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Startup cynicism and Substack, or Clubhouse, or Miami, or …

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If you build it, they will come, but they sure as hell are going to complain about everything until they do.

There were millions of bets made in the tech industry last year. Some of those bets involved actual venture capital dollars. Others involved individual decisions on where to live: do you bet on the future of San Francisco or do you want to partake in the growth of some other startup hub? Are you going to launch this new feature in your product or improve one of your existing ones? Do you switch jobs or stay and double down?

Yet, for all those bets, just three seem to have achieved a collective and hysterical frenzy in the industry as we close out this year: a bet on the future of media, a bet on the future of (audio) media, and a bet on the future of one of America’s greatest cities.

Substack, Clubhouse, and Miami as a major tech hub are compelling bets. They are early bets, in the sense that most of the work to actually realize each of their dreams remains to be done. All three are bets of optimism: Substack believes it can rebuild journalism. Clubhouse believes it can reinvent radio with the right interactivity and build a unique social platform. And Miami is a bet that you can take a top global city without a massive startup ecosystem and agglomerate the talent necessary to compete with San Francisco, New York and Boston.

Yet, that optimism is not broadly endorsed by the tech commentariat, who see threats, failures, and barriers from every angle.

I wish I could say it’s just the ennui of an industry in flux given the pandemic and constant cavalcade of chaos and bad news that’s hit us this year. That cynicism, though, has gotten deeper and more entrenched over the past few years even before coronavirus was a trending topic, even as more startups than ever are getting funding (and at better valuations!), even as more startups than ever are exiting, and those exits are collectively larger than ever as we saw earlier this month.

Insecurity is the fabric that runs through most of these bleak analyses. That’s particularly prominent with Substack, which sits at the nexus of insecurity in tech and insecurity in media. The criticism from tech folks seems to basically boil down to “it’s just an email service!” Its simplicity is threatening, since it seems to intimate that anyone could have built a Substack, really anytime in the last decade.

Indeed, they could. Substack is simple in its original product conception, which is a DNA it happens to share with a lot of other successful consumer startups. It is (or perhaps better to say now, was) just email. It’s Stripe + a CMS editor + an email delivery service. A janky version could be written in a day by most competent engineers. And yet. No one else built Substack, and that’s where the insecurity starts in the startup world.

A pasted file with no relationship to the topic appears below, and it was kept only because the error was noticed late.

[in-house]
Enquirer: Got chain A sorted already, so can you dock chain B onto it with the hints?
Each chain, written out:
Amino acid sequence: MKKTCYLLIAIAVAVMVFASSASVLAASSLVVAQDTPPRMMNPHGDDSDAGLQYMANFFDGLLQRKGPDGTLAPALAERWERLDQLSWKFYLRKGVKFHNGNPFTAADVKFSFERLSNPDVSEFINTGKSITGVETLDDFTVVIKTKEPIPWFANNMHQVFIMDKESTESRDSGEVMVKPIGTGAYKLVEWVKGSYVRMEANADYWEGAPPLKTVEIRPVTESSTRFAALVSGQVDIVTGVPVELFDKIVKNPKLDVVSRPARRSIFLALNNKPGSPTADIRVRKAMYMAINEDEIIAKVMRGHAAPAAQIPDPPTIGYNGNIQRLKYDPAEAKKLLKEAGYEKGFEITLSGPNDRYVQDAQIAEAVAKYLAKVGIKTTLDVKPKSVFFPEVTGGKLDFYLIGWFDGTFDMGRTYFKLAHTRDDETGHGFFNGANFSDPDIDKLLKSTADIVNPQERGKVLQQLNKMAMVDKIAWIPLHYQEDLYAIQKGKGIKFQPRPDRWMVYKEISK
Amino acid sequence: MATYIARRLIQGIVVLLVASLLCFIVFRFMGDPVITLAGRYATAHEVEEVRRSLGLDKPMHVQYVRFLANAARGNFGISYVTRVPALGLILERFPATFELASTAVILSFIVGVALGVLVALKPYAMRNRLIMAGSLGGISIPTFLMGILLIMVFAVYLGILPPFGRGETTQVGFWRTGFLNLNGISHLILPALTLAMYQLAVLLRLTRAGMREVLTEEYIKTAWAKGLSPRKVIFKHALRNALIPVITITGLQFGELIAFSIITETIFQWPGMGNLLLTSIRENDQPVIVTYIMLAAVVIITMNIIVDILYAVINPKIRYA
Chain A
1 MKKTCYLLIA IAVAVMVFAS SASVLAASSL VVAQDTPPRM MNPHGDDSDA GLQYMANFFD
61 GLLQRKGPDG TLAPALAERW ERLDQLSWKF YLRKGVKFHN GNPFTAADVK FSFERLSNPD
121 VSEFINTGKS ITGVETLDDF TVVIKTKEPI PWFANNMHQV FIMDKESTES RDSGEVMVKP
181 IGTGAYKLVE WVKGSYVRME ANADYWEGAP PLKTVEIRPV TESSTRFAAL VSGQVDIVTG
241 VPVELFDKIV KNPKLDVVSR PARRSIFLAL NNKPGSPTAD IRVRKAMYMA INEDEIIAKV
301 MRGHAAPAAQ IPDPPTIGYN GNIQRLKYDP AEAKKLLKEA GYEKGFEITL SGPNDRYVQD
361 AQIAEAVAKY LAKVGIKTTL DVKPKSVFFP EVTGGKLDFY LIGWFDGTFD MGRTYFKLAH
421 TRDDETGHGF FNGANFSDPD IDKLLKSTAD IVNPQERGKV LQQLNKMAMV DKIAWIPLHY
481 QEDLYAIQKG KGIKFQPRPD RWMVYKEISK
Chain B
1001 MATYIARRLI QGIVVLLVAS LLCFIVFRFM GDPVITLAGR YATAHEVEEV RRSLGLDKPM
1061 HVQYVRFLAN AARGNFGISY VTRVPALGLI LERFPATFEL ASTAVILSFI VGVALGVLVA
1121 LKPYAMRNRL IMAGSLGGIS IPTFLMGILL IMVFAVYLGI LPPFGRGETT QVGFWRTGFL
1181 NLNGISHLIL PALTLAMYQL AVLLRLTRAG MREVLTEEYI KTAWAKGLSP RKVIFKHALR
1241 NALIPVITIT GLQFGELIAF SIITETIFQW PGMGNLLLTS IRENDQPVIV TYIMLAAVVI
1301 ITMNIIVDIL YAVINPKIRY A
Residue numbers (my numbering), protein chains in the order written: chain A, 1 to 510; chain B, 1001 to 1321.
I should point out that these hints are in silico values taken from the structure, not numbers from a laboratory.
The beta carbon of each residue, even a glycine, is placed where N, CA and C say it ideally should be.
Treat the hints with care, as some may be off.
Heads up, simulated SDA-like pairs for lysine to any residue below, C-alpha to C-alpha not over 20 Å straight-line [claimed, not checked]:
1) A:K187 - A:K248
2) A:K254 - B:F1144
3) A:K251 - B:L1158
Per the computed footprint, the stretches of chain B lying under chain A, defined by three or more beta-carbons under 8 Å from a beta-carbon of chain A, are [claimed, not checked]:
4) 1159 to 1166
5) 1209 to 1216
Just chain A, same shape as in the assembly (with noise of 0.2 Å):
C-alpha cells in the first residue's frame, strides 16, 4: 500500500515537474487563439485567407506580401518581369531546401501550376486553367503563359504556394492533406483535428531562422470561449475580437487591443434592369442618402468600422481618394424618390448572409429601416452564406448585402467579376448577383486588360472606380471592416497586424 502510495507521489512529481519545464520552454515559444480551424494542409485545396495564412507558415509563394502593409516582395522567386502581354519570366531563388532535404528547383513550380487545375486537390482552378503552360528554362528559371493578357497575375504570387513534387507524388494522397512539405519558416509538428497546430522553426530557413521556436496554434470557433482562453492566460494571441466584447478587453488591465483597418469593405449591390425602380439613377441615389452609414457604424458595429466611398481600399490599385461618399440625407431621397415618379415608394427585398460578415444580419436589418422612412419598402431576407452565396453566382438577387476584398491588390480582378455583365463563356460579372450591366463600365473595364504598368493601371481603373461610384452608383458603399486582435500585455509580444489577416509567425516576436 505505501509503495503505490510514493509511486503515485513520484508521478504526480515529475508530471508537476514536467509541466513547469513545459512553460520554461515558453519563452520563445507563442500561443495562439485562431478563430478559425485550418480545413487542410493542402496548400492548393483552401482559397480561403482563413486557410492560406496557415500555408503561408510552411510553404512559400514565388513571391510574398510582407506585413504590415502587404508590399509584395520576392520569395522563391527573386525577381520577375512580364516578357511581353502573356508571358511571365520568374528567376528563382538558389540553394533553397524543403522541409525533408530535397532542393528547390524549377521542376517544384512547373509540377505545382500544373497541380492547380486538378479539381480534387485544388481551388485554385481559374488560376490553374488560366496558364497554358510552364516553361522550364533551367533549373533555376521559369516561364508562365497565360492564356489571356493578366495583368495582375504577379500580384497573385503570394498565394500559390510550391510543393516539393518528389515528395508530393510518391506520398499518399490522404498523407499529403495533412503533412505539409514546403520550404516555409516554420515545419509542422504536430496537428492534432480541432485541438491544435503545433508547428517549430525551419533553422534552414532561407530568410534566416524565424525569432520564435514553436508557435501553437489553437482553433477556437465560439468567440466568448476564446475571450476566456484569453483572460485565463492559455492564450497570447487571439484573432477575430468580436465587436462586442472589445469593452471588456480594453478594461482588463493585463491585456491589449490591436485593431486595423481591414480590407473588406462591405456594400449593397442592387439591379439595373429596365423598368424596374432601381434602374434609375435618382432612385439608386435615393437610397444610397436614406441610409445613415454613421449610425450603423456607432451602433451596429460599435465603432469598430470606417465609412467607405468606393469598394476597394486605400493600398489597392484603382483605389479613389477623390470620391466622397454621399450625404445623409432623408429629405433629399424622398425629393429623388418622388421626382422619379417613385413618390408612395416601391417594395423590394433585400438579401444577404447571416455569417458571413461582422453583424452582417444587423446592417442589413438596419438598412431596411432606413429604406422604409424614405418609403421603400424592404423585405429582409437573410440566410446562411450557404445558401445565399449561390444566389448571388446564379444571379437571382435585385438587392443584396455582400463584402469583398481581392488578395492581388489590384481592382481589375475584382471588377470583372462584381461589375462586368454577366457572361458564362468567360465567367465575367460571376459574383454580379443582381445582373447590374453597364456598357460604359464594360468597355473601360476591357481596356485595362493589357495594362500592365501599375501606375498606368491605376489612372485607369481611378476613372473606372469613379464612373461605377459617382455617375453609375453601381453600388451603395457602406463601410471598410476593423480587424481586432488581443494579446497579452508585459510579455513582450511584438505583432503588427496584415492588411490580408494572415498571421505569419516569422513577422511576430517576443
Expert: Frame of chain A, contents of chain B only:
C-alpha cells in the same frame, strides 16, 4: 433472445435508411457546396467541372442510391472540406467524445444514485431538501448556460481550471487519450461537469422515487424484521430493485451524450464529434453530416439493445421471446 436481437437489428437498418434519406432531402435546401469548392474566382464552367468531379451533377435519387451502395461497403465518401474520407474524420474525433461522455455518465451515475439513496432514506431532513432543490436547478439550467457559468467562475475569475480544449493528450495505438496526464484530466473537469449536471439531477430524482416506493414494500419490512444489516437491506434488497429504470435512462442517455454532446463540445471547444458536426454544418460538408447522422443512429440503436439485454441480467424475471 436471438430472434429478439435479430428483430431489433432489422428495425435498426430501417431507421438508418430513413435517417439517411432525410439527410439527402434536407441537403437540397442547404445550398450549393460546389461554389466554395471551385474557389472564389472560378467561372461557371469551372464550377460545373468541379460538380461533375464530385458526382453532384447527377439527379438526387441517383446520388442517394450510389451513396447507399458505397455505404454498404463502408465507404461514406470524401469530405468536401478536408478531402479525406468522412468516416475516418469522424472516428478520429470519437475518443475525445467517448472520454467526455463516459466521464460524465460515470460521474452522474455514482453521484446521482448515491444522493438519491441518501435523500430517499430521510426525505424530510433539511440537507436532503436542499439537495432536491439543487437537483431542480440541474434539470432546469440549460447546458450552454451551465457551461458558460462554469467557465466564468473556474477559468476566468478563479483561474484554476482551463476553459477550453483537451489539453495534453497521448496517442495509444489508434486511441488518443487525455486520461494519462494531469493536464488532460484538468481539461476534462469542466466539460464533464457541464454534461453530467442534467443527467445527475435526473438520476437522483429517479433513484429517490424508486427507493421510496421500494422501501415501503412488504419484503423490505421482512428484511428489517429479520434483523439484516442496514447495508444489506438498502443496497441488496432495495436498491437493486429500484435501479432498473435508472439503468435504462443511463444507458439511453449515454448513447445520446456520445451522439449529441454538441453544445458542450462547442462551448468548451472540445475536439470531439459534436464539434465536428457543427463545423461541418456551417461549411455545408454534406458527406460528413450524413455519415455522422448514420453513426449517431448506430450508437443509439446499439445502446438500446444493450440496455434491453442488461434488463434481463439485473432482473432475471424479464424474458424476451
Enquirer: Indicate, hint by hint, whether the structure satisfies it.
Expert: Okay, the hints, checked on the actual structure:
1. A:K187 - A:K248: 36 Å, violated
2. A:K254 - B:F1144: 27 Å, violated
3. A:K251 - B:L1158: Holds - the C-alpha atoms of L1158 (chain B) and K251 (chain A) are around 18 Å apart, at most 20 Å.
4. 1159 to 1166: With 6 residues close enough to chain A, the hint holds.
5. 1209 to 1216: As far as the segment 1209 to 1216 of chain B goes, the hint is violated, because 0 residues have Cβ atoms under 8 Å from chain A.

From the media perspective, it’s of course been brutal the last few years in newsrooms and across publishing, so understandably, the level of cynicism in the press is already high (and journalists aren’t exactly optimistic types to begin with). Yet, most of the criticism here basically boils down to “why hasn’t Substack completely stopped the bloodletting of my industry in the short few years it’s been around?”

Maybe they will, but give the folks some god damn time to build. The fact that a young startup is even considered to have the potential to completely rebuild an industry is precisely what makes Substack (and other adjacent startups in its space) such a compelling bet. Substack, today, cannot re-employ tens of thousands of laid-off journalists, or fix the inequality in news coverage or industry demographics, or end the plight of “fake news.” But what about a decade from now if they keep growing on this trajectory and stay focused on building?

The cynicism of immediate perfection is one of the strange dynamics of startups in 2020. There is this expectation that a startup, with one or a few founders and a couple of employees, is somehow going to build a perfect product on day one that mitigates any potential problem even before it becomes one. Maybe these startups are just getting popularized too early, and the people who understand early product are getting subsumed by the wider masses who don’t understand the evolution of products?

This pattern is obvious in the case of Clubhouse, the drama aspects we have mostly managed to avoid at TechCrunch. It’s a new social platform, with new social dynamics. No one understands what it’s going to become in the next few years. Not Paul Davison (who might, even so, have a dream of where he wants to take it), not Clubhouse’s investors, and certainly not its users. This past week, Clubhouse hosted a live Lion King musical event with thousands of participants. Who had that on their bingo board?